T.E. Lawrence: I'm sorry.
Sherif Ali: It seems to me that you are free to choose your own name, then.

Prince Feisal: But you know, Lieutenant, in the Arab city of Cordoba were two miles of public lighting in the streets when London was a village?
T.E. Lawrence: Yes, you were great.
Prince Feisal: Nine centuries ago.
T.E. Lawrence: Time to be great again, my lord.

Prince Feisal: Well, General, I will leave you. Major Lawrence doubtless has reports to make upon my people and their weakness, and the need to keep them weak in the British interest... and the French interest too, of course. We must not forget the French now...
General Allenby: [indignantly] I've told you, sir, no such treaty exists.
Prince Feisal: Yes, General, you have lied most bravely, but not convincingly. I know this treaty does exist.
T.E. Lawrence: Treaty, sir?
Prince Feisal: He does it better than you, General. But then, of course, he is almost an Arab.

T.E. Lawrence: The best of them won't come for money; they'll come for me.

T.E. Lawrence: The Law says the man must die... If he dies, would that content the Howitat?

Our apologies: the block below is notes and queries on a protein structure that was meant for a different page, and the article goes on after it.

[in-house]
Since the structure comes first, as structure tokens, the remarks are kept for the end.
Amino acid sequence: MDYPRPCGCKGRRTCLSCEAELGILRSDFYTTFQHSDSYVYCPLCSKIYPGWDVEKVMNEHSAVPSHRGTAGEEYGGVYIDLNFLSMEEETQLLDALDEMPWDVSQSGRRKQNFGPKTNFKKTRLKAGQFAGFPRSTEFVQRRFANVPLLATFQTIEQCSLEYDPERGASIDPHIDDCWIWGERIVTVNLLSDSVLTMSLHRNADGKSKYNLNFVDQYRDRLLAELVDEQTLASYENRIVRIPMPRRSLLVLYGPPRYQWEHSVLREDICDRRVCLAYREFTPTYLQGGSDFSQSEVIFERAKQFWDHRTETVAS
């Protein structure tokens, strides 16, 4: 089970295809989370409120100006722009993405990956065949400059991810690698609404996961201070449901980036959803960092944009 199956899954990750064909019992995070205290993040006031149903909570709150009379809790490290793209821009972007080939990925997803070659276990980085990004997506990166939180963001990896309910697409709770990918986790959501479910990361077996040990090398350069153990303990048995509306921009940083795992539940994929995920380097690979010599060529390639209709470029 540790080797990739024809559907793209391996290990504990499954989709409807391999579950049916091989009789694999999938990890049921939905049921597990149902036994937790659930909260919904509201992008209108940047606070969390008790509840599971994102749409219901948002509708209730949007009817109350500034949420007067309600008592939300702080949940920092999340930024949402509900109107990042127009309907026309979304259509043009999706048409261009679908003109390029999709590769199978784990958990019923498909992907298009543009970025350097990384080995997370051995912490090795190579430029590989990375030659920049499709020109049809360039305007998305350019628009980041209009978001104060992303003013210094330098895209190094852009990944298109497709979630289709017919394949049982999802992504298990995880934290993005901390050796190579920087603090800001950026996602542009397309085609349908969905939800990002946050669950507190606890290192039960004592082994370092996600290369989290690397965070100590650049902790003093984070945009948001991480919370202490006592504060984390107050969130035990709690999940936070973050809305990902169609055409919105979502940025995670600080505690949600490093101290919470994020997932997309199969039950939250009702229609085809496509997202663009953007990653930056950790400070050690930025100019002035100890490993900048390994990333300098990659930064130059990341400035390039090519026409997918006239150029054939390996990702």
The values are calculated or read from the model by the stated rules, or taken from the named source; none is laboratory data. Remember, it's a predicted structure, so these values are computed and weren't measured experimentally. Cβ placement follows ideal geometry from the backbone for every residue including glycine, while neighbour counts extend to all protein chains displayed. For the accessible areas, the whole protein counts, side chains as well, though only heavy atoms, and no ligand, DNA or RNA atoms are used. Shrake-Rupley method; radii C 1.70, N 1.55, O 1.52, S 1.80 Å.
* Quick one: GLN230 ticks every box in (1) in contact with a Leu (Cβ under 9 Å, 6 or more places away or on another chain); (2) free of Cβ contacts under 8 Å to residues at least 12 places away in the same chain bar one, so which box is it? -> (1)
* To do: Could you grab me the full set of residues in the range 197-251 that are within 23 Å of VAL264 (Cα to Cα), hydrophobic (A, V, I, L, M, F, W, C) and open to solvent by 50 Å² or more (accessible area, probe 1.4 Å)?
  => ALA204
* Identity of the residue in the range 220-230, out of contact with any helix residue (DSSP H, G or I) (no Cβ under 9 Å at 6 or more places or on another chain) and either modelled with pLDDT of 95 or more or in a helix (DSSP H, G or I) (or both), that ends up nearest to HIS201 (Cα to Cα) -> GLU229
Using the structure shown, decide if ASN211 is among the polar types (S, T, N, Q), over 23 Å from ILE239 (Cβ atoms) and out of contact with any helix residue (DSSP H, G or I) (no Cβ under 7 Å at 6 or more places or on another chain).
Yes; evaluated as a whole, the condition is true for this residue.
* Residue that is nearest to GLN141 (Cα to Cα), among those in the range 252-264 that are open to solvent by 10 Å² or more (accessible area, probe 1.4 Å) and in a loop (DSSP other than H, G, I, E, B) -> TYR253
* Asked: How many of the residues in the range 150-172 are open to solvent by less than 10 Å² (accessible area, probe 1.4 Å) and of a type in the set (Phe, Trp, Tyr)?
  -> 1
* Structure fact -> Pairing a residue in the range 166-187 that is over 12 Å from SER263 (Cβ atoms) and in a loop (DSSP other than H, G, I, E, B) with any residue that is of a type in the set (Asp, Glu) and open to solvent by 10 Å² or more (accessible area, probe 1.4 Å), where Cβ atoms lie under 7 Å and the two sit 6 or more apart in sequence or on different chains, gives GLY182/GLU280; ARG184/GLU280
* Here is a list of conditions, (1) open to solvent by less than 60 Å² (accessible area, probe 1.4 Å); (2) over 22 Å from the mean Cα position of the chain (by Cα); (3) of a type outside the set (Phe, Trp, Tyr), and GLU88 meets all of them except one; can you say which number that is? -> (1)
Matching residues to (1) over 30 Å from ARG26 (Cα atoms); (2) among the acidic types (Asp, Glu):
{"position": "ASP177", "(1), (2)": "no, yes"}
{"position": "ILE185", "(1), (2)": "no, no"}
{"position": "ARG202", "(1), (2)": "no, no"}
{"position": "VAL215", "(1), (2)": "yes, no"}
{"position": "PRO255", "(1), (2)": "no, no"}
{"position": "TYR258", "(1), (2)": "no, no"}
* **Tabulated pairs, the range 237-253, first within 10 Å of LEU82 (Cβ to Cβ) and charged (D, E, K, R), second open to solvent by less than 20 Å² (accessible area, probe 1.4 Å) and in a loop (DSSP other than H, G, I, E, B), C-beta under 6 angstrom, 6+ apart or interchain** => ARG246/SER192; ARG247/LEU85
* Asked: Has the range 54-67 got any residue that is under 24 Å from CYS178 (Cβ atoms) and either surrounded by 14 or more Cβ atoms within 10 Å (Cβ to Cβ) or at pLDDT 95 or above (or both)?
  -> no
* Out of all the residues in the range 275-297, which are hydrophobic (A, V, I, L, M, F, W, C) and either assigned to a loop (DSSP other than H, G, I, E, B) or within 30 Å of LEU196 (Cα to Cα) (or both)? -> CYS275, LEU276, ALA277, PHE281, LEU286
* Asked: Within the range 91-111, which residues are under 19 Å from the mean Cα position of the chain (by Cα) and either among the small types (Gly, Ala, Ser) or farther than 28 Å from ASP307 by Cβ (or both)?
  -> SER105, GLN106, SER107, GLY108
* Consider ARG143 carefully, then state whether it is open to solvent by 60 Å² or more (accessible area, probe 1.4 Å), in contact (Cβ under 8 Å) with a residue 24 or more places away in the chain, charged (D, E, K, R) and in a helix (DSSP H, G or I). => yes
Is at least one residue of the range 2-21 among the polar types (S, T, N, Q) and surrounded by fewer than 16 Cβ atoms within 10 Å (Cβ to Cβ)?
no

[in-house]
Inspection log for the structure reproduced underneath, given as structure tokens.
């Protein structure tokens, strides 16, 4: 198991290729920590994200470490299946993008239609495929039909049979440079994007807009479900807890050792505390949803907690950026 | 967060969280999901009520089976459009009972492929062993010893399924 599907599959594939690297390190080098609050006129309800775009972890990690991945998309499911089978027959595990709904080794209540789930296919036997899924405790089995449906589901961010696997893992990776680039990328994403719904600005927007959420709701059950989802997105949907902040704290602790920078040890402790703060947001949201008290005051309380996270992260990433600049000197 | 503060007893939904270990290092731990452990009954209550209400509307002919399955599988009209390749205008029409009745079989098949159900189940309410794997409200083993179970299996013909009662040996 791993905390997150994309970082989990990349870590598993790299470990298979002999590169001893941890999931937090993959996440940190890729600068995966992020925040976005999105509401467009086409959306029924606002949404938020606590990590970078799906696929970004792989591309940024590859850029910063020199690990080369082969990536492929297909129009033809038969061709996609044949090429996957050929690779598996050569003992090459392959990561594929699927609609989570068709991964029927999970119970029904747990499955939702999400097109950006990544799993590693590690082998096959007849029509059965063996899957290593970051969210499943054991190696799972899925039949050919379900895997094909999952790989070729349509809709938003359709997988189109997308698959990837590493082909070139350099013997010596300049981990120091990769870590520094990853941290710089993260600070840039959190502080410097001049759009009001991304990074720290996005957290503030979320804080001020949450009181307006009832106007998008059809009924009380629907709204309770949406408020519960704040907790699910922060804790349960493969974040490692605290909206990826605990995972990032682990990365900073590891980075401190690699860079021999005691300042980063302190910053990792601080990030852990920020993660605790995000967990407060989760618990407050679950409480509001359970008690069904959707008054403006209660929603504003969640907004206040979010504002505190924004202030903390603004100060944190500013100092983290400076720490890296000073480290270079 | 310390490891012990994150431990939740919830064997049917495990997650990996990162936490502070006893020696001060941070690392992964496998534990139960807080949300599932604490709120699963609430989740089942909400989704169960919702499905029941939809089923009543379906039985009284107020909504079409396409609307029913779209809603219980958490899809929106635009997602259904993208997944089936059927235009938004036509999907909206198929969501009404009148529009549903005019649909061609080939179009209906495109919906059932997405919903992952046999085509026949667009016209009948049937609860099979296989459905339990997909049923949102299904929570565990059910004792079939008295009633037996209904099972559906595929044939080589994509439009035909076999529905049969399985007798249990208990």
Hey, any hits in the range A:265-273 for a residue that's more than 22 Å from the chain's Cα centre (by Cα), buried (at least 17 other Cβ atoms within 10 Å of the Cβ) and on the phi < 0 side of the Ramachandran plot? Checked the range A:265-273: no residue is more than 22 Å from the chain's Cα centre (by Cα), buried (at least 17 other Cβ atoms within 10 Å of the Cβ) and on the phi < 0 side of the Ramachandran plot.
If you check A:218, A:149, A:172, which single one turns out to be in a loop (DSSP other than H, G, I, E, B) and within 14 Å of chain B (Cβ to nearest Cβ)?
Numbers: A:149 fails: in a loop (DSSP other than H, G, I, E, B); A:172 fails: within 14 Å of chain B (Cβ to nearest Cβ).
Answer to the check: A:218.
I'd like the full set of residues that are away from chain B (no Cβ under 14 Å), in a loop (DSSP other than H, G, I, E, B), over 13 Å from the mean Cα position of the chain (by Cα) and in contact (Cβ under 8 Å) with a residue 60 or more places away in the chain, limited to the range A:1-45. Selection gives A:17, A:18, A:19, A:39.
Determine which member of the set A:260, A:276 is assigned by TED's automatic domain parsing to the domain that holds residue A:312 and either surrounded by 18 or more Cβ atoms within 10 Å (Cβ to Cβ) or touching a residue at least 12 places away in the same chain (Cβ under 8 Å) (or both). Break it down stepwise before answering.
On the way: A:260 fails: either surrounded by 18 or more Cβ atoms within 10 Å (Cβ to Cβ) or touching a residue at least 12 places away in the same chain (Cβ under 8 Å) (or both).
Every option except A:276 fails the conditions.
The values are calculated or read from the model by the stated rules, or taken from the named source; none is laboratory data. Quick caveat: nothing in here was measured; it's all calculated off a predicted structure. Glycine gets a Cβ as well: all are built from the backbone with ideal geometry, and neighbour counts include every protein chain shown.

Auda abu Tayi: Yes.
T.E. Lawrence: Sherif Ali. If none of lord Auda's men harms any of yours, will that content the Harith?
Sherif Ali: Yes.
T.E. Lawrence: Then I will execute the Law. I have no tribe and no one is offended.

Mr. Dryden: Lawrence, only two kinds of creature get fun in the desert: Bedouins and gods, and you're neither. Take it from me, for ordinary men, it's a burning, fiery furnace.
T.E. Lawrence: No, Dryden, it's going to be fun.
Mr. Dryden: It is recognized that you have a funny sense of fun.

Turkish Bey: I have been stationed in Dara for three and a half years. If I were posted to the dark side of the moon I could not be more isolated. You don't have the slightest idea what I'm talking about, do you?
T.E. Lawrence: No, effendi.
Turkish Bey: Do you? No. That would be too... lucky.

[regarding the bullet wound on Lawrence's arm]
Turkish Bey: Where did you get this wound?
T.E. Lawrence: That is old, effendi.
Turkish Bey: No, it is recent. You are a deserter. But from which army? Not that it matters at all. A man can't always be in uniform.

T.E. Lawrence: There may be honor among thieves, but there's none in politicians.

Sherif Ali: What are you looking for?
T.E. Lawrence: Some way to announce myself.